The simple fact that we are debating the "Canadianness" of the Leader of the Liberal Party of Canada is a victory for Conservatives. Iggy is now playing defence on the #1 brand attribute of the Liberal Party of Canada. Even after the sponsorship scandal the Liberals still owned being the "Canada Party." The party with the pan-Canadian vision. The party best able to keep the country together...Attacks on Iggy related to "arrogance and elitism" (e.g. the "arrogance spot") and/or "tax and spend" (e.g. the "economy" spot) are standard operating procedure - the personalization of negative brand attributes associated with the party itself. But the attacks on Ignatieff's long-term commitment to the country are much deeper and much more problematic for a Liberal.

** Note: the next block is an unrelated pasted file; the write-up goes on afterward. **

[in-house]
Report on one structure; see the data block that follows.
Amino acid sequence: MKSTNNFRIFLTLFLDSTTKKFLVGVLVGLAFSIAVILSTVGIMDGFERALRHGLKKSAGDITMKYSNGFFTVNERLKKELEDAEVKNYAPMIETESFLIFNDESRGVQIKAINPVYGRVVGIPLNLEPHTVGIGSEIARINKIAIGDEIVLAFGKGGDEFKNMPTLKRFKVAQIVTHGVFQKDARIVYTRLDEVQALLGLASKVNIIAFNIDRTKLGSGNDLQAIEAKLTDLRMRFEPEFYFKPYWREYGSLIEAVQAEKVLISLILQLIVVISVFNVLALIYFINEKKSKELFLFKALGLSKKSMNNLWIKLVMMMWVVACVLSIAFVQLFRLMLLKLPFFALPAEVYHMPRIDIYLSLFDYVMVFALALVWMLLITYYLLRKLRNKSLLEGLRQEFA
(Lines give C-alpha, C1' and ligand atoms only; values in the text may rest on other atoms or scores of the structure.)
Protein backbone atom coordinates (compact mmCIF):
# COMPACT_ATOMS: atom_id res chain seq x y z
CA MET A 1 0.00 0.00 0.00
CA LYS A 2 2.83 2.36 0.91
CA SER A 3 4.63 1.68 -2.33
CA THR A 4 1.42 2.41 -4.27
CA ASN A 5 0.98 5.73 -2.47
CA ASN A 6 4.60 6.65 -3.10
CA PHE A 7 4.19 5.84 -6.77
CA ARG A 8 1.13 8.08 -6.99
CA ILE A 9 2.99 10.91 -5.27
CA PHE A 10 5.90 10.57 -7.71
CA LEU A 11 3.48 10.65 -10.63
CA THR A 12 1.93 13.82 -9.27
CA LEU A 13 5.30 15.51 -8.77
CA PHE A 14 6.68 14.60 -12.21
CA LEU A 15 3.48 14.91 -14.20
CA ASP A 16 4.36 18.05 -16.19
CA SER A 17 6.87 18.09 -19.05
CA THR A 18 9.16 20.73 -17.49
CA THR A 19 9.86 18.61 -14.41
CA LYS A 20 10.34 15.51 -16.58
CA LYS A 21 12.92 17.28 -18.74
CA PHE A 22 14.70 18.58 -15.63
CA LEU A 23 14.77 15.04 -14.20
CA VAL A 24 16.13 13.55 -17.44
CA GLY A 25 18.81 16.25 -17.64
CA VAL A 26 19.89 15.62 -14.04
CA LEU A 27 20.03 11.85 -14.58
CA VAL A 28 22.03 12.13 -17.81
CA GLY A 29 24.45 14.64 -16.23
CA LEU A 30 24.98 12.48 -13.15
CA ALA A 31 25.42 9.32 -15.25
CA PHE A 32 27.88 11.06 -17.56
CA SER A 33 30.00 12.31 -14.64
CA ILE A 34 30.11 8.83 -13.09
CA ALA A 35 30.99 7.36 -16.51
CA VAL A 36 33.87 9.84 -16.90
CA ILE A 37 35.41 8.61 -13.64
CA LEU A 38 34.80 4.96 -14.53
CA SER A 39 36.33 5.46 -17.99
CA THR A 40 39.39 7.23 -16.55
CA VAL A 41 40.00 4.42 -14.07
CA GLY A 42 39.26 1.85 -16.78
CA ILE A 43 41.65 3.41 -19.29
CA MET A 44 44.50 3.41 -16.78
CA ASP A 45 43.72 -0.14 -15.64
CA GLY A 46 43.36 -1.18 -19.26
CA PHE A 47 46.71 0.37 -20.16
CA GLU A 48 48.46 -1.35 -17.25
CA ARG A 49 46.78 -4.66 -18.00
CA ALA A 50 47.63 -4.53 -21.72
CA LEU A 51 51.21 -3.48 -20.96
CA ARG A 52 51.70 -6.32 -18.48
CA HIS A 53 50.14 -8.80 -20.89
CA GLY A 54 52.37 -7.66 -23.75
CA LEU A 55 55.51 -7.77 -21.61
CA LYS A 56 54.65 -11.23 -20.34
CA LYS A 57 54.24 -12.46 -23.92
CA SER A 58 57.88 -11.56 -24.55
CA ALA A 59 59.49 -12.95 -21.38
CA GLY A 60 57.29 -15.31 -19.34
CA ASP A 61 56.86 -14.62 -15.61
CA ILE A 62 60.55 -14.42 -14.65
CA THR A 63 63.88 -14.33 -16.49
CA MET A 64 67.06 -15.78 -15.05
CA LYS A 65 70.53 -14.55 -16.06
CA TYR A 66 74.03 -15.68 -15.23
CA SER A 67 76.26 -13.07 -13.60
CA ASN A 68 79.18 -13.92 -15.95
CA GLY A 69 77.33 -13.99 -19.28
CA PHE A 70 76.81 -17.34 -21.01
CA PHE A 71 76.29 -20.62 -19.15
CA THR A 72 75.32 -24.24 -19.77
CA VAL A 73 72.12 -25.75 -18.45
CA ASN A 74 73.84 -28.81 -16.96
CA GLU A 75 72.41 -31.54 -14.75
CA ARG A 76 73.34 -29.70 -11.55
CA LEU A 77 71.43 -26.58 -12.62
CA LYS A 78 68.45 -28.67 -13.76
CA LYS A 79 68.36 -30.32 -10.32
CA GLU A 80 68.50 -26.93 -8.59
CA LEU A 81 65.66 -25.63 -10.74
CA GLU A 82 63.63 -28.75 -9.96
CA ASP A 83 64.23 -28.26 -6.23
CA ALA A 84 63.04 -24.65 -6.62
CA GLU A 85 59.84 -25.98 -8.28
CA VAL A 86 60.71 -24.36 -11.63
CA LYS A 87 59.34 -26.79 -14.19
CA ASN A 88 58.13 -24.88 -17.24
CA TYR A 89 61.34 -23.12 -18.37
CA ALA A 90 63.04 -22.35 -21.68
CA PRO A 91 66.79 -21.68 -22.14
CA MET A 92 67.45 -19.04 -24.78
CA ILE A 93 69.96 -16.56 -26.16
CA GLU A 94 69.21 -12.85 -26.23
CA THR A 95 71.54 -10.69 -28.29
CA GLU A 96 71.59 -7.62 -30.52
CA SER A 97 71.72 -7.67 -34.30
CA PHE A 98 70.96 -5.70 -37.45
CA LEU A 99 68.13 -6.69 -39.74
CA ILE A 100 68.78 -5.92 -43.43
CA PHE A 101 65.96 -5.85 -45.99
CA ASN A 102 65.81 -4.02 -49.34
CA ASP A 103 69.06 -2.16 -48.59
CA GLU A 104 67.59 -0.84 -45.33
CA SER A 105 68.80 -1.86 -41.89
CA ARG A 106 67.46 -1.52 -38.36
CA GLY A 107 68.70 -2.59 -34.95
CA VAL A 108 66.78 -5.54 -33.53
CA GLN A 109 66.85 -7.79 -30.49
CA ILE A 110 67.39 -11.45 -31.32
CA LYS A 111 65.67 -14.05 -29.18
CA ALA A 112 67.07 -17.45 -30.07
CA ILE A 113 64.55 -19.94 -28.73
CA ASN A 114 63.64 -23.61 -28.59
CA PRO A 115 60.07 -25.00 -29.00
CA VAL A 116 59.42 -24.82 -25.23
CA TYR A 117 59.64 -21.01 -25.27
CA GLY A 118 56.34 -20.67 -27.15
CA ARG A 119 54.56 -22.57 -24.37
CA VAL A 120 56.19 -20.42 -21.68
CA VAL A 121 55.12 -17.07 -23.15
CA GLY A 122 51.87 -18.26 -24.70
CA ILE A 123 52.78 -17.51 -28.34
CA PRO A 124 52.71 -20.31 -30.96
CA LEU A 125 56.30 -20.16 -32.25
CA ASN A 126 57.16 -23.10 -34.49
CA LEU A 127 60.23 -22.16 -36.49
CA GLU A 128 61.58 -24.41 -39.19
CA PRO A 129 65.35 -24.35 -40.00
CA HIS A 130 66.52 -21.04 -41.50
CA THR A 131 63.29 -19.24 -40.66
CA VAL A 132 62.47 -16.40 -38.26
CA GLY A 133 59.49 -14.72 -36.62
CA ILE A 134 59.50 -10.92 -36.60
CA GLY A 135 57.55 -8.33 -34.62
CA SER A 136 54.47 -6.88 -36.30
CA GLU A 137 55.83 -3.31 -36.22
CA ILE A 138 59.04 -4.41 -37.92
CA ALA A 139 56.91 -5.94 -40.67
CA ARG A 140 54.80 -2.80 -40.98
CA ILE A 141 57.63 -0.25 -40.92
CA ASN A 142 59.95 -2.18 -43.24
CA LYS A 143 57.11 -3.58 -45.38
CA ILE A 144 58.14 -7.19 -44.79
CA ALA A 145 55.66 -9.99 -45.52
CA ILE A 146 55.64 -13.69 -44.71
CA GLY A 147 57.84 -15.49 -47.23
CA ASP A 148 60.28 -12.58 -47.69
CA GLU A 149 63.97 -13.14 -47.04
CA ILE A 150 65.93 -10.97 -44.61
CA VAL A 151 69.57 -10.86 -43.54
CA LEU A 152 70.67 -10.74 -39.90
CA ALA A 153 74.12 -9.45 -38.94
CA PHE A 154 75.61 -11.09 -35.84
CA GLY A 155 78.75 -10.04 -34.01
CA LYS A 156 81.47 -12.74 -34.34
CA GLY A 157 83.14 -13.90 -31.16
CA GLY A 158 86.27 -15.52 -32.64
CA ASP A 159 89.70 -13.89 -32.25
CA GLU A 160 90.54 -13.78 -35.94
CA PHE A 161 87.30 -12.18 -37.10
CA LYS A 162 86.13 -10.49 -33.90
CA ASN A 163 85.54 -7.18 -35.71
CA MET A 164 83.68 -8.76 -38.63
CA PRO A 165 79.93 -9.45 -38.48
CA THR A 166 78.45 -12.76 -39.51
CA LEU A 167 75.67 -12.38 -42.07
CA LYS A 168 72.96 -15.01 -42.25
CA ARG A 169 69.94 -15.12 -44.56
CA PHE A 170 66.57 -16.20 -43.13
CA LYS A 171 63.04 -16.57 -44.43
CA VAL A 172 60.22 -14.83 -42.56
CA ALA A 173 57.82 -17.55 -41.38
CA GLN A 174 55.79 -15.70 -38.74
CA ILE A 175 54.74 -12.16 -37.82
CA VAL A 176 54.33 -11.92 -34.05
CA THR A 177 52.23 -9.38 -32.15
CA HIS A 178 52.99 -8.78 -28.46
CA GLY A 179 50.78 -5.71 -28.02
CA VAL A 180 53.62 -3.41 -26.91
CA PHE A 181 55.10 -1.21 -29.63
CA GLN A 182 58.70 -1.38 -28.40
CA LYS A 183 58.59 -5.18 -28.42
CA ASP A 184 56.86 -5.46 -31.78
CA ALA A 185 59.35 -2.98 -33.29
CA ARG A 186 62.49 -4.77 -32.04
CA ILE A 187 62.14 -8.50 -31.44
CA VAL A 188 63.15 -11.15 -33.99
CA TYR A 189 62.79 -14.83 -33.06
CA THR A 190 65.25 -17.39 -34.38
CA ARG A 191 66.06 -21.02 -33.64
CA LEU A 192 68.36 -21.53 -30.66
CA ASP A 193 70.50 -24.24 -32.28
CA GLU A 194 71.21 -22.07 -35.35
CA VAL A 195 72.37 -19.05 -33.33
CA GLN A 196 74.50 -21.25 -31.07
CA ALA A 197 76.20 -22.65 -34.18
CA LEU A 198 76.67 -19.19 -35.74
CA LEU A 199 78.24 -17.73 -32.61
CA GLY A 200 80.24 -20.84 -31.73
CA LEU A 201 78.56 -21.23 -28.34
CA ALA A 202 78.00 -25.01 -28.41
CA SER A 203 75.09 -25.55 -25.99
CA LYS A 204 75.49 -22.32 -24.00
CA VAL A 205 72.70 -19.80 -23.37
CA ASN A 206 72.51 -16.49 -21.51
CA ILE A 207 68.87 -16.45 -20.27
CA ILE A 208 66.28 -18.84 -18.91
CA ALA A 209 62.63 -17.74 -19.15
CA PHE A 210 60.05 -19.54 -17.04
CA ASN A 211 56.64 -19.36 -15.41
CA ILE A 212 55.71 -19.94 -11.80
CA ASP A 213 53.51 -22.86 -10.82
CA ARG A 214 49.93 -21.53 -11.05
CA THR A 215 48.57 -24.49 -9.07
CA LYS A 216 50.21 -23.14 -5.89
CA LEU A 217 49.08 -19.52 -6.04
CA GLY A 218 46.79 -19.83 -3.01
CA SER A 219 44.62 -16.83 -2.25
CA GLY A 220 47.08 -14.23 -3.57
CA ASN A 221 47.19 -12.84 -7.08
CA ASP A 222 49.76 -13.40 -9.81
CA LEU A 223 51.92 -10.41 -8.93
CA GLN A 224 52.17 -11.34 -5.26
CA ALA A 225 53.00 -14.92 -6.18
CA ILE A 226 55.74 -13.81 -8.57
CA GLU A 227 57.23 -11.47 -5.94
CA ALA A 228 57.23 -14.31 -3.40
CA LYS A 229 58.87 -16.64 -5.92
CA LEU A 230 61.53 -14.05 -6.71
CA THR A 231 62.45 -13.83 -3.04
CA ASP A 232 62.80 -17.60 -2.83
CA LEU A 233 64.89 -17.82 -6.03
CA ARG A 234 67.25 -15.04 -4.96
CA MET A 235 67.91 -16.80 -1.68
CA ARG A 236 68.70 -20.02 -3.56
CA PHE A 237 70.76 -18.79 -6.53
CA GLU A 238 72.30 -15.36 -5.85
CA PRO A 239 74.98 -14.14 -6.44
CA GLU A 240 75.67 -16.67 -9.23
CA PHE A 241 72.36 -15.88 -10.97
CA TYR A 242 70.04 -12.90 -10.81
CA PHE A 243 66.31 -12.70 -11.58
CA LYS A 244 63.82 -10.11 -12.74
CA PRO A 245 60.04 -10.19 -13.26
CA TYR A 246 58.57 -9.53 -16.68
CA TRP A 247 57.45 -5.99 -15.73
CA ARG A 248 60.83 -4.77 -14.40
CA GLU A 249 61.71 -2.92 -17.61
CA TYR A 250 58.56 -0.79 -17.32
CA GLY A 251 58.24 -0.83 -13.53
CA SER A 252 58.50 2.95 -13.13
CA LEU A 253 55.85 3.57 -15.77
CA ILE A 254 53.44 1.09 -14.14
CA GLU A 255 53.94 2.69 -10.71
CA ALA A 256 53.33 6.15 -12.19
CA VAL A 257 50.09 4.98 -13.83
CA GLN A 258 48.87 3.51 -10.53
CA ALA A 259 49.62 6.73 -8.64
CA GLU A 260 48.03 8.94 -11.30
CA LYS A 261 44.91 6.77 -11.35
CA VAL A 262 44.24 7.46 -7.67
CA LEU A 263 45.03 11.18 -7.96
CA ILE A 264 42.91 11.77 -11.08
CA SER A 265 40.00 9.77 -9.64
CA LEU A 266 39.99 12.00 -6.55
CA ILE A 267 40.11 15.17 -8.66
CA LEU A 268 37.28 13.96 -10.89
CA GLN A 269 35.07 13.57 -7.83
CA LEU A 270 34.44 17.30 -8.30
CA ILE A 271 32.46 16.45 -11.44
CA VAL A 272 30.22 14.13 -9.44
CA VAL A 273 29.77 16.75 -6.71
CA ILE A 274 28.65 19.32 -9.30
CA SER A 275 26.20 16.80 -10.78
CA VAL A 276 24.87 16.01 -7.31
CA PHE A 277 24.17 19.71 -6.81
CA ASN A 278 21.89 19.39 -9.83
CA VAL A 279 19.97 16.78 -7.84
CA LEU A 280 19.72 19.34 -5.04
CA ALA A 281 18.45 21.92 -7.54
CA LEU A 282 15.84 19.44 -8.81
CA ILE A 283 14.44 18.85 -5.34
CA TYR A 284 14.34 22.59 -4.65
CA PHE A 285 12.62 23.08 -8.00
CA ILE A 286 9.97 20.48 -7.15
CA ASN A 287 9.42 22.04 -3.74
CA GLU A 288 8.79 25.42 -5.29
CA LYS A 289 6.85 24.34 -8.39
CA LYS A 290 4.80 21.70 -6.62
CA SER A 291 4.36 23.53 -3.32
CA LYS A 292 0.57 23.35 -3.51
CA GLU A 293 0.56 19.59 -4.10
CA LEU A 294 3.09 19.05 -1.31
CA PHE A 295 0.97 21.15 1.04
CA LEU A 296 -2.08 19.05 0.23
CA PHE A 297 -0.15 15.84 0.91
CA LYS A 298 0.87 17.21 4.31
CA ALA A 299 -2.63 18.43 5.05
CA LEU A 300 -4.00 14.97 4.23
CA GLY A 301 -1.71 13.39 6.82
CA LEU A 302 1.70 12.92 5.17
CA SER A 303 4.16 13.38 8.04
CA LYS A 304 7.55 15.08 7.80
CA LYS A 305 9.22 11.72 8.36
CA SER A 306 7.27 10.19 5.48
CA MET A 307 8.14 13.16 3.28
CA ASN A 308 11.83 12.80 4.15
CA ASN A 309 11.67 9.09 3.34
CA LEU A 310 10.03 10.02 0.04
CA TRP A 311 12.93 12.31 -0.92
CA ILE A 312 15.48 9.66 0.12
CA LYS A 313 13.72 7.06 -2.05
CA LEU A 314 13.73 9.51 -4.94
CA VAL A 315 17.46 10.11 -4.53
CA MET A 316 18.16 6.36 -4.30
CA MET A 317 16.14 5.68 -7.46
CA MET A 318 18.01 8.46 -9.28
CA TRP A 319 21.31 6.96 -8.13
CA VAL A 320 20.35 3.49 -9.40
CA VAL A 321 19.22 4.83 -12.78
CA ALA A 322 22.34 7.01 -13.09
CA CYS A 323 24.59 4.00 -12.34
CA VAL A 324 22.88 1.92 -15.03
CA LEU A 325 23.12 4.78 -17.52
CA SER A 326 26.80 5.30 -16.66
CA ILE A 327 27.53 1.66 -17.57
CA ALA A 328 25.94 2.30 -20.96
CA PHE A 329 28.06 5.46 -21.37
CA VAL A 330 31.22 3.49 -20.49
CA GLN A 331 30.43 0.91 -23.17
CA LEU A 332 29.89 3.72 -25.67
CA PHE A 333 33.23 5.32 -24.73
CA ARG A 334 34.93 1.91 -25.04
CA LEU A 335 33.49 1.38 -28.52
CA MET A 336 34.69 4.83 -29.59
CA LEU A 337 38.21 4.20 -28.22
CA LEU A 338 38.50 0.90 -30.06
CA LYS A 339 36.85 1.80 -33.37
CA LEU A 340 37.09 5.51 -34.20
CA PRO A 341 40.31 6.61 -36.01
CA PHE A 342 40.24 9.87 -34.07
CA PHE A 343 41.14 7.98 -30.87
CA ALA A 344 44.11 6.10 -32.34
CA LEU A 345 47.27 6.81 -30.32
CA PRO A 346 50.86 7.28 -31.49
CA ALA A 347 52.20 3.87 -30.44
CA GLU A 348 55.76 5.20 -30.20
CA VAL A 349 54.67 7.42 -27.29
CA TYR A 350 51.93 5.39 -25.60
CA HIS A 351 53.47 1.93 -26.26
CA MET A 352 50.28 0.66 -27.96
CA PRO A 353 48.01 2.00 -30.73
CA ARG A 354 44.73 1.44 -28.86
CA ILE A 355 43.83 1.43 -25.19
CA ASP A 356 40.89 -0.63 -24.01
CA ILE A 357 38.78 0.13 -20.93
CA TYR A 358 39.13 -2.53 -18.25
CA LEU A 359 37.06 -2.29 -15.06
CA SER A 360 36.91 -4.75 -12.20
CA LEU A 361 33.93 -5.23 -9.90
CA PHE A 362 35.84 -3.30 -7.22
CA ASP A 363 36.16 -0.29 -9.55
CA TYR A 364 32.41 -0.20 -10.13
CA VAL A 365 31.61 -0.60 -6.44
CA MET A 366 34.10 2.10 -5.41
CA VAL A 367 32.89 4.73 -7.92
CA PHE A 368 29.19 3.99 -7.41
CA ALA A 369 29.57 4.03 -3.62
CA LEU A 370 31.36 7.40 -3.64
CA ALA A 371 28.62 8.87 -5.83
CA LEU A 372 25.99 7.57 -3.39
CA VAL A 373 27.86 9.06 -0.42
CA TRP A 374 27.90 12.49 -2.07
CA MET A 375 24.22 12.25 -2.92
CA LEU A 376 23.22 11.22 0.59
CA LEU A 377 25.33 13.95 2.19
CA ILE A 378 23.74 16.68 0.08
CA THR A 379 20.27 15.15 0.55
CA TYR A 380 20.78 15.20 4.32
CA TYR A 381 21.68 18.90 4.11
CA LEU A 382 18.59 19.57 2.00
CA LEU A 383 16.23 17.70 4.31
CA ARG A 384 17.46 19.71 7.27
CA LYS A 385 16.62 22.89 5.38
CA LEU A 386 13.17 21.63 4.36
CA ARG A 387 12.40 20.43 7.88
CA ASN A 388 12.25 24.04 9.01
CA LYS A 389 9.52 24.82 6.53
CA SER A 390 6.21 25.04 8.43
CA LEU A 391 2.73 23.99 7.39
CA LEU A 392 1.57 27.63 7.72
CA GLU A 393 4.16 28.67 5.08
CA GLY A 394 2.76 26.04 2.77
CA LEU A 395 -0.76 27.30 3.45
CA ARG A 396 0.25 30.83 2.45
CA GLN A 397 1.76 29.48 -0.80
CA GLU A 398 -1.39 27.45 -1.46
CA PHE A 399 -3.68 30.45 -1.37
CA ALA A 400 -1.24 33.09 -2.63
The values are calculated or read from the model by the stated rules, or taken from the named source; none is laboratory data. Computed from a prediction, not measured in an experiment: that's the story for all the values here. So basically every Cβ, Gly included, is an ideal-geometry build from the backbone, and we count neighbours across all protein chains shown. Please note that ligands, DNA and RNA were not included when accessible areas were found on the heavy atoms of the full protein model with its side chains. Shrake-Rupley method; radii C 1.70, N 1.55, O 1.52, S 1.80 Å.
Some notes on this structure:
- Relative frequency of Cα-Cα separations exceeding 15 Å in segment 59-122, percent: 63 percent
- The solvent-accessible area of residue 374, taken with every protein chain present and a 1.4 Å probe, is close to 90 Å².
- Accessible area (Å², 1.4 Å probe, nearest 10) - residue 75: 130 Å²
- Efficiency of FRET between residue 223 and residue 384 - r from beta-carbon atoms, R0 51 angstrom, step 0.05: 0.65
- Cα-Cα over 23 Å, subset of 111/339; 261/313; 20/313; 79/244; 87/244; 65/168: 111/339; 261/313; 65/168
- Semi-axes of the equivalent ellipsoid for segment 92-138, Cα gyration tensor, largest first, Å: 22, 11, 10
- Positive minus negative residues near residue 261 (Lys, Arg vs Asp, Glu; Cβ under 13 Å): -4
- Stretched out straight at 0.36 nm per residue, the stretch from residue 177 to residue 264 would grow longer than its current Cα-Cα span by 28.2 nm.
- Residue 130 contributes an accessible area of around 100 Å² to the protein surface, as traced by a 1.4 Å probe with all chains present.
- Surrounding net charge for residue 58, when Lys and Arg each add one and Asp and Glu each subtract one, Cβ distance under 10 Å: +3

The F-35 Does Win in Air Combat. A Game Says So.

The Disaffected Lib - Sat, 07/18/2015 - 13:11
Over at War is Boring there's a new item about how Lockheed's immensely flawed F-35 will handily trounce an opposing force of Russia's pretty amazing Su-35s.

Apparently there's a computer game you can buy to run this simulation yourself and you can expect consistent results, time after time.  Lockheed's wunder plane - overdue, overpriced and underperforming - can wax those Russkie's tales every time.

Unfortunately the fellow who wrote the piece, Tim Robinson, overlooked how contrived the scenario had to be to achieve this remarkable turnaround.